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Old 06-07-2012, 12:42 PM   #1328
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Old 06-07-2012, 01:05 PM   #1329
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Has anyone read Cutting for Stone? I was at a party last night and a number of people strongly endorsed it as a well written, compelling story. The reviews on amazon are unbelievably good. I'll have to check it out.
I have read it and enjoyed it. I believe I may have reviewed it upthread.

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Old 06-07-2012, 05:31 PM   #1330
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Thanks Mead. Sorry I didn't see the earlier posts.
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Old 06-07-2012, 05:43 PM   #1331
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Thanks Mead. Sorry I didn't see the earlier posts.
What, you mean you didn't recall this with only 1329 replies on this thread?

I've noticed I personally don't always recall what books I've mentioned even last month.
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Old 06-07-2012, 07:09 PM   #1332
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I am reading and would recommend "Our Magnificent Bastard Tongue: the Untold Story of English" by John McWhorter. I listed to his Teaching Company lectures on linguistics last year, and he is a very intelligent and funny man. This book is great fun for anyone with a passing interest in English or linguistics. I find myself frequently smiling/chuckling at stuff he writes, and wishing I had someone to share some of his anecdotes with. I'm reading it on my bus commute, and my fellow riders probably wouldn't appreciate that, though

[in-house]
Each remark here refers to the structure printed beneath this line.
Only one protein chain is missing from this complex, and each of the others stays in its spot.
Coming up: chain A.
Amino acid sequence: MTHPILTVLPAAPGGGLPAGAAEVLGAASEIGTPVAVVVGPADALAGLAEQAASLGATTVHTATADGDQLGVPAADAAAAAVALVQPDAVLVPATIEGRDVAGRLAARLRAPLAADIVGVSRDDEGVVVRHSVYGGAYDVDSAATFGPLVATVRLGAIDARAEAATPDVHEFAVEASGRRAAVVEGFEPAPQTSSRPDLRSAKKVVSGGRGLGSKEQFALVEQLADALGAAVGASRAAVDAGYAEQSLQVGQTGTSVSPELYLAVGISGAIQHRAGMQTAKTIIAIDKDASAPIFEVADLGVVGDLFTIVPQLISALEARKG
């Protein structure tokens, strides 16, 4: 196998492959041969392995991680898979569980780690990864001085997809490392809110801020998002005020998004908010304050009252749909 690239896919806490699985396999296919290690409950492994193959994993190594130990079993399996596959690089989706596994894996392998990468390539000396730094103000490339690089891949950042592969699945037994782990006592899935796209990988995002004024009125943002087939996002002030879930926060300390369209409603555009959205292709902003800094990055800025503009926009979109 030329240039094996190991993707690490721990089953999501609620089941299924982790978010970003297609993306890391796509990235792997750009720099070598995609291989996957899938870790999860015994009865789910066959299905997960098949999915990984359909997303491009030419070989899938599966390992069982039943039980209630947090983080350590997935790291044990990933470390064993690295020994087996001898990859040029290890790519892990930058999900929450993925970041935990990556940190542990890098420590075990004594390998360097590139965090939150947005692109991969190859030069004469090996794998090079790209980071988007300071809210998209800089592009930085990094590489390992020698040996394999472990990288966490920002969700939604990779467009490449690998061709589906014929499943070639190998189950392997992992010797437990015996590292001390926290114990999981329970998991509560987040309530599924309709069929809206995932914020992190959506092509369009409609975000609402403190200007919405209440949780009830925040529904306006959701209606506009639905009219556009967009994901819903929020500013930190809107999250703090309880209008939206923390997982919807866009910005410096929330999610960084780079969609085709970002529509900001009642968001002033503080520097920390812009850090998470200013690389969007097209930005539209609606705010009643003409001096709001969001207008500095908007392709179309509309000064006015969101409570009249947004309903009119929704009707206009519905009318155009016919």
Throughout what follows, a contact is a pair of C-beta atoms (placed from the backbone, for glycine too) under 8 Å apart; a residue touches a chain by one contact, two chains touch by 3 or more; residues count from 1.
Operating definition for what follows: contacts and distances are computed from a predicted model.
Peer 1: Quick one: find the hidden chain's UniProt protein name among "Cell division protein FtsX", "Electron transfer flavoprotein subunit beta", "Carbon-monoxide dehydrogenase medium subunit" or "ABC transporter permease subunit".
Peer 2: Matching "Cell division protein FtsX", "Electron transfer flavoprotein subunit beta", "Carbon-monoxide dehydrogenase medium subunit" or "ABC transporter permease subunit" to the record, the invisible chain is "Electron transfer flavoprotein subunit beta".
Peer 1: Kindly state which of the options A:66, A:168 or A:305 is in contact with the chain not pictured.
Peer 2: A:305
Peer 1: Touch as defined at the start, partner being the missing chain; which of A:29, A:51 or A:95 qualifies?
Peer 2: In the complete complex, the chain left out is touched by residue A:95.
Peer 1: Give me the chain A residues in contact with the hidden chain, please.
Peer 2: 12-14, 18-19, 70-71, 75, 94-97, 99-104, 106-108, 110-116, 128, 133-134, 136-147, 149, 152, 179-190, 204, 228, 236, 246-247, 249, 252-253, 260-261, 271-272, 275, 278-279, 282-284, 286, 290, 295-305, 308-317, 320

A great read!
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Old 06-08-2012, 07:06 AM   #1333
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What, you mean you didn't recall this with only 1329 replies on this thread?

I've noticed I personally don't always recall what books I've mentioned even last month.
Yeah, I'm probably have reviewed a book at least twice in this thread.
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Old 06-14-2012, 12:04 PM   #1334
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I've just picked up a few of Augusten Burrough's books lately. I'd read his brilliant Sellevision novel a few years ago, but his latest essay in the WSJ caught my eye and I reserved a few others. Witty & elegant writer, lots of angst, but worthwhile reading.
Okay, I just wrapped up my Burrough's readings, unknowingly saving the best for last. His is a particularly disturbing form of satire, born in an awful childhood that serves as the basis of many of his books, including Running with Scissors. However his latest, This is How, is something altogether different. He bills it as the most brutally honest self-help book ever written, and boy is it.